We know that these days it might seem like a stalemate keeping track of time due to lockdowns and quarantines that people are still living through as we write this.
However, some might say that now it’s even more important to keep track of time — quarantine no doubt has a profound effect on our perception of time.
Our Perception of Time
According to WebMD, human beings use temporal queues to keep track of time — waking up at a certain time each day to conduct a daily routine; looking forward to weekends off; etc.
But for how long have human beings been keeping track of time and having a relationship with temporal aspects of life?
According to Scientific American, evidence from over 5,000 years ago points to ancient Babylonians and Egyptians used calendars that worked to organize and coordinate specific communal activities, not to mention public events. You know, temporal queues!
Ancient civilizations like the Babylonians and Egyptians also paid close attention to time for the purposes of scheduling shipments of goods, and (very important) regulating their planting and harvesting cycles. The solar day, lunar month, and the solar year were all used in ancient Babylon and Egypt as well.
The Historical Significance of Clock Towers
Cut to the world’s first clocktower. The Tower of the Winds (constructed in Athens, Greece) featured eight sundials. Inside of the Tower of Winds there was also a water clock (called a clepsydra) powered by water coming down from the Acropolis (Athens’s famous ancient citadel).
In Song China there was an astronomical clock tower which was designed by Su Song. This doozie was erected at Kaifeng back in 1088 and incorporated liquid as well — this time for an escapement mechanism.
Al-Jazari constructed a most elaborate clock tower (we’ll spare you the Big Ben reference here) and described it in his Book of Knowledge of Ingenious Mechanical Devices in 1206. His Castle Clock was about 11 feet high and had multiple functions — not just timekeeping.
The Castle clock included a zodiac display, solar and lunar paths, not to mention a pointer shaped like a crescent moon. The crescent moon travelled across the top of a gateway and was powered by a hidden cart which caused automatic doors to open, revealing a mannequin each and every hour.
The Castle Clock also had other major components that were quite breathtaking, including a main reservoir with a float, a float chamber, a flow regulator, a plate and valve trough, two pulley systems, and two falcon automata which dropped balls into vases. Al-Jazari’s Castle Clock secured its place in history as the earliest programmable analog computer as well.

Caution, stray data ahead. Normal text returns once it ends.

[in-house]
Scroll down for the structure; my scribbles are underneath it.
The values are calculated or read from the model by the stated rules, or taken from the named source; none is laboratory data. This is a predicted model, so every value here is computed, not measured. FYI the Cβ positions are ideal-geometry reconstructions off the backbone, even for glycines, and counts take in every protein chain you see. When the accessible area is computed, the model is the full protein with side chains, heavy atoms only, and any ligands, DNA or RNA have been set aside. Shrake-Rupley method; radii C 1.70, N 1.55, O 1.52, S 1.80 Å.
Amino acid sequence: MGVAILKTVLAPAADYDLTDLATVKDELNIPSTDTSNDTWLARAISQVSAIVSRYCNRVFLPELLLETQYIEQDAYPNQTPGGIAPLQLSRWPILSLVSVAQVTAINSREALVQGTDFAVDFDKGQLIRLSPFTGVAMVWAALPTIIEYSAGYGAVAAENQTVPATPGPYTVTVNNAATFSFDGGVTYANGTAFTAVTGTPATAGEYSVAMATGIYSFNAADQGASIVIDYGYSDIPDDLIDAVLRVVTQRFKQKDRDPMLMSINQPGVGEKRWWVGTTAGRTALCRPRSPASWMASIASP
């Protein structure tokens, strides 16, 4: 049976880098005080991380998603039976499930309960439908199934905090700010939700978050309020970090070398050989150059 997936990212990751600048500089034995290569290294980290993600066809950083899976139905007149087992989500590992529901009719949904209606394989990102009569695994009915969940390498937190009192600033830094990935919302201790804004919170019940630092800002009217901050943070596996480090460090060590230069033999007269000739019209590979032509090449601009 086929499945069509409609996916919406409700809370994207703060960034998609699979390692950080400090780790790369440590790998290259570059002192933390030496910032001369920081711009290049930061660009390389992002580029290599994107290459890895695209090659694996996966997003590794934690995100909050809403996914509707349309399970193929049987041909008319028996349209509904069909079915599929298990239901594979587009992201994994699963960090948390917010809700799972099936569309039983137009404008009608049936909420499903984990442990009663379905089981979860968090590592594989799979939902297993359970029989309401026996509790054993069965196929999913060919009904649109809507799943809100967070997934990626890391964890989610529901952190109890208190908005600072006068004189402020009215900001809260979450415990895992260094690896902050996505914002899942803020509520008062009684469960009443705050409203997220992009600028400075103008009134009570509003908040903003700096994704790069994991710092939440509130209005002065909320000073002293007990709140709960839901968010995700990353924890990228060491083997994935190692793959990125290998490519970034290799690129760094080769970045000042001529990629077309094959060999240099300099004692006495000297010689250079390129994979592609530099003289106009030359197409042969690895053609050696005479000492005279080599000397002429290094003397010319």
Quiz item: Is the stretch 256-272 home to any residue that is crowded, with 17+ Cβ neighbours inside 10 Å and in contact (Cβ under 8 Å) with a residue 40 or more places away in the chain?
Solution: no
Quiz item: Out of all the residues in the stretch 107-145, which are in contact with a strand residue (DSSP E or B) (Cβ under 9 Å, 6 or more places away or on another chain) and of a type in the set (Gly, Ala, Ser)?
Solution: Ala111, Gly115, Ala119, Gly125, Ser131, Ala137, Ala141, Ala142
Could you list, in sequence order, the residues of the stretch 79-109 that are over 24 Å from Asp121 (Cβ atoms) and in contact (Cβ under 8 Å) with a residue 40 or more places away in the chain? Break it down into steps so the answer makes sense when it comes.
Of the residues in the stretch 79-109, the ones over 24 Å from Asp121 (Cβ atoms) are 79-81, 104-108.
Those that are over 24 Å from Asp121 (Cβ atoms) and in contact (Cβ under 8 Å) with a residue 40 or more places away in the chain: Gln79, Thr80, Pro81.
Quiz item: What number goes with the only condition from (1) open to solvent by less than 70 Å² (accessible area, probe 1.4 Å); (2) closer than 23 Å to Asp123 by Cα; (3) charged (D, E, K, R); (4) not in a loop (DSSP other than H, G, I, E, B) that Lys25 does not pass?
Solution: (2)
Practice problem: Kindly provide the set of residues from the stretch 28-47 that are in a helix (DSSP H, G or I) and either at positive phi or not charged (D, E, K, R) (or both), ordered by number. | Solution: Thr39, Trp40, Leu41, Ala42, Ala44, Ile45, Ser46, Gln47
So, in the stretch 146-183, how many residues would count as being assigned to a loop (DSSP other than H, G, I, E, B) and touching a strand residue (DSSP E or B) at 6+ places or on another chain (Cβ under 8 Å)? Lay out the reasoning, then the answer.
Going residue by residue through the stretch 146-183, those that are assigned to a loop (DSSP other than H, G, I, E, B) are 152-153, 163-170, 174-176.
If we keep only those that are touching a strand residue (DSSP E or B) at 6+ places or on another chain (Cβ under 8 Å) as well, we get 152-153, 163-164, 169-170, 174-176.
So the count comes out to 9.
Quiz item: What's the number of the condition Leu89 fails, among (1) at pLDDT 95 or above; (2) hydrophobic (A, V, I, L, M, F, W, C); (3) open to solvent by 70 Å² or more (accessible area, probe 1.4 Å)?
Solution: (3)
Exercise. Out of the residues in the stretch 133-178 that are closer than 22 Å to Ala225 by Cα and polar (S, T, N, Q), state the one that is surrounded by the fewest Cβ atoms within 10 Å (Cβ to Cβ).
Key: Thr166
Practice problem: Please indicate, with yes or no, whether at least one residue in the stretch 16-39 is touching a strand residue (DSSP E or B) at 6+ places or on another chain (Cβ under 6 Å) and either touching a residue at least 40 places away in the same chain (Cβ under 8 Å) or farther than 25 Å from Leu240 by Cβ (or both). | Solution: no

Of course, the world’s tallest freestanding clock tower is the Joseph Chamberlain Memorial Clock Tower (called affectionately Old Joe) which stands a tall 330 feet at the University of Birmingham in the United Kingdom. It was built in 1908.
Early Timekeeping Devices
Fast-forward to the medieval times, we know around 520 AD we began to see the earliest “Candle Clocks,” which consisted of a thin candle which had consistently spaced markings, and, when burned, this would indicate the passage of a set amount of time. These were used by the Byzantine Empire, Britannia, Europe, Asia, and more. Incense clocks were also used.
We all know about the iconic image of the hour glass — doesn’t that one soap opera use it to this day during their intro? The hour glass first appeared in Europe around the eighth century. Many hourglasses were used to mark… you guessed it… an hour of time, and some adorable little hourglasses measured increments of half and quarter hours.
Here’s a little factoid that might come in handy at a cocktail party (when the world gets back to some semblance of normalcy, that is): The Guiness Book of World Records recognizes an hourglass in Tokyo Japan as the biggest “hour” glass ever made. Its name is Sunagoyomi (which means sand calendar) and it’s housed inside of a pyramid-shaped structure, serving as a museum’s centerpiece and pride and joy.
Sunagoyomi is turned upside down just once each year, letting it’s grains of sand fall to the bottom over the course of a calendar year.
Let’s All Give Ourselves a Little Time During These Times…
Now that many of us aren’t adhering to our normal fast-paced schedules, we might be feeling the effects of time a little differently, even measuring time differently.
One thing remains certain, time is still moving. In uncertain times it’s best not to lose track of it too much.
- Temporal Queues: WebMD.com
- History of Timekeeping: ScientificAmerican.com
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